OSFO shares a lot more. But there are plenty of times when she simply answers one of Smartmom’s queries with, “That’s none of your business.” It’s not the nicest way to say it, but it does get the point across. And frankly, it’s probably true.

Dang. There she goes writing about her kids again. How can you be a writer when you have a gag order from your kids about what you can write about?

And yet, as a parent Smartmom must respect their wishes and not compromise their privacy in any way. It’s a tough place for a writer to be.

So what is Smartmom going to write about now? The snow on her window ledge?

If she can’t write about her kids, she’s a goner. She’ll get fired from The Brooklyn Paper. Her agent won’t want to represent her. Nobody will read her blog anymore. She’ll be done for. Finished. So what’s a Smartmom to do?

Well, it’s this writer’s job to explain her world to the world. And if that world includes her children, her husband, her friends and neighbors, then that’s the story she has to tell. It’s all about the way she writes it, the words she uses, and balance of honesty, fairness and love that she brings to the mix.

It her story — and she’s sticking to it.

Louise Crawford, a Park Slope mom, also operates “Only the Blog Knows Brooklyn.”
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Reader Feedback

Hear you in Brooklyn from Kings Highway says:
Interesting column. As someone who also considers herself a writer, writing from the heart and about the world around us is where true creativity begins. Your columns are based upon the normalcy of your world and the success of it stems from how much we see ourselves and our families in your words. Yet, it is indeed a tough job balancing the beauty of the written word and the privacy of the people involved. And that is what gives us writers what they call, "creative angst!" Oy!
Jan. 20, 2009, 9:58 am
DW from PS says:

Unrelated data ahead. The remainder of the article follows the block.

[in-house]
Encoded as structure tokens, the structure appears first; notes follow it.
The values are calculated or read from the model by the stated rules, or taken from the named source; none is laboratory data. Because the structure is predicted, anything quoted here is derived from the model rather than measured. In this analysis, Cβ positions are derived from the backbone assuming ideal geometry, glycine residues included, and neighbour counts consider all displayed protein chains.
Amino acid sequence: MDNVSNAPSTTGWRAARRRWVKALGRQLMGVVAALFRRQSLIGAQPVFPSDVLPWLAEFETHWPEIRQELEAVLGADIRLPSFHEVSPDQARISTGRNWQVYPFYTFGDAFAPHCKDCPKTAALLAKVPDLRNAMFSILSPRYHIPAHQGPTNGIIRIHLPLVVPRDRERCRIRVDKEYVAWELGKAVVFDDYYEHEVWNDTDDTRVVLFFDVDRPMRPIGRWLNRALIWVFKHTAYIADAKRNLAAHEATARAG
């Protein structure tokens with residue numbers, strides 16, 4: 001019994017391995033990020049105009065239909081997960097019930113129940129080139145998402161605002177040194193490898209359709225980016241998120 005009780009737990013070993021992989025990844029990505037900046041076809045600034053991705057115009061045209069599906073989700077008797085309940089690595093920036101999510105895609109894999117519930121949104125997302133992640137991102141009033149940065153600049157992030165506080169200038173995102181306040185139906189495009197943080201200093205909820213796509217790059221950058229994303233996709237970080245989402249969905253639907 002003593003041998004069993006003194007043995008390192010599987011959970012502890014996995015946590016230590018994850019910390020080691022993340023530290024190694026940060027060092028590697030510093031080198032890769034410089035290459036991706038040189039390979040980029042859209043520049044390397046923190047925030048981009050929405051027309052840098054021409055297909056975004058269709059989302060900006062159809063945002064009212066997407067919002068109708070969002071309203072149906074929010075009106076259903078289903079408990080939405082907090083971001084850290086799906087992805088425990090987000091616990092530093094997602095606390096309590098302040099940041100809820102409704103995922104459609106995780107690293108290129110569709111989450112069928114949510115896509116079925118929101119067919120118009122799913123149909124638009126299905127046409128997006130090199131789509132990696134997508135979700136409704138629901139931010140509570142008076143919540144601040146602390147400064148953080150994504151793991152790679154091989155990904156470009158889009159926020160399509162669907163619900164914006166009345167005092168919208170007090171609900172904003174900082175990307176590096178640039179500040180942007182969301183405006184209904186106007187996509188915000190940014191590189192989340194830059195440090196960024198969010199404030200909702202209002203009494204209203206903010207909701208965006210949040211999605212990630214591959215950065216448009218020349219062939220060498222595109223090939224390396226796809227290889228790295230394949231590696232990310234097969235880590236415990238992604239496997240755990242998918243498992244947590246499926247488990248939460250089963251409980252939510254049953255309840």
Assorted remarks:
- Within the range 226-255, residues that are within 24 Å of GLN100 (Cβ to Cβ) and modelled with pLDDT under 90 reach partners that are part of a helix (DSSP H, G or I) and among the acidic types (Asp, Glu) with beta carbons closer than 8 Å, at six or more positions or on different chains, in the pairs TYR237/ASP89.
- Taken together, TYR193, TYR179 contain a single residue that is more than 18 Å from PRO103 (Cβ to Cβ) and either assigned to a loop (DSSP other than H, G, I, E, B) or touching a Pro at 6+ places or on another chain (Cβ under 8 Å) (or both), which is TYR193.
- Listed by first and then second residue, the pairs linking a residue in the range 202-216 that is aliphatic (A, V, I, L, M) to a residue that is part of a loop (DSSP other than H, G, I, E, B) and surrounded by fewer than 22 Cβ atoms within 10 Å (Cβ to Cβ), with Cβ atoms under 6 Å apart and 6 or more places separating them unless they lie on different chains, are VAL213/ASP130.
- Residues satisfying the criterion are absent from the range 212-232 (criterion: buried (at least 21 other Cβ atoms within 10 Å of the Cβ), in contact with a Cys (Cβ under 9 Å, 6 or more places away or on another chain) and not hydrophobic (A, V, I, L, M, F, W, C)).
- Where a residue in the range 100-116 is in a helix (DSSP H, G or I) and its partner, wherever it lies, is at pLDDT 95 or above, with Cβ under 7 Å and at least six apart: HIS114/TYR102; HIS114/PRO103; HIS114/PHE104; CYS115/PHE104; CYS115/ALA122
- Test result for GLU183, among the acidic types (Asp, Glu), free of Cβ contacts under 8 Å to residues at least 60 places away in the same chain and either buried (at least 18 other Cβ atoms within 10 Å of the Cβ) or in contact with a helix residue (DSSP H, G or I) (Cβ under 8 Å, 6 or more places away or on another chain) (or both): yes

At least the kids are smarter than their mother. Write about the life of a couple trustafarians going through life in the People's Republic.
Jan. 20, 2009, 10:04 am
anothermom from midwood says:
While I find your blog and column interesting and thoughtful, I have always thought you've crossed the line when it came to your kids. I have wondered why it hasn't come to a head sooner. Part of your challenge as a writer, I think, is to use your life as inspiration- when you are completely literal you are risking the privacy and happiness of those you love.
Jan. 20, 2009, 11:29 am
yes yes yes from Boerum Hill says:
No question about it -- your kids are right. How awful for them (as well as for your husband and friends) to be so exposed. It's downright greedy, actually an act of theft to take what isn't yours and isn't offered freely. If you're worth your weight as a writer, you'll let go the props and dig in deep and just maybe be among the lucky few who discover a true, individual voice. Think about it. While you're at it, why don't you leave the Lord Buddha out of it, too.
Jan. 20, 2009, 3:08 pm
bongy from Prospect Heights says:
Why does SmartMom have to call herself that? It is unfair to the kids to use such horrible sounding pseudonyms, and once their friends figure out who they are, their privacy has been violated. A friend who wrote a blog for years had to stop after something she wrote (innocently enough) for her blog got another friend evicted from his shared apartment. SmartMom should perhaps think of assuming a different identity, and maybe use someone's else something or other for the focus of her articles. And save us from the too cute names for once and for all.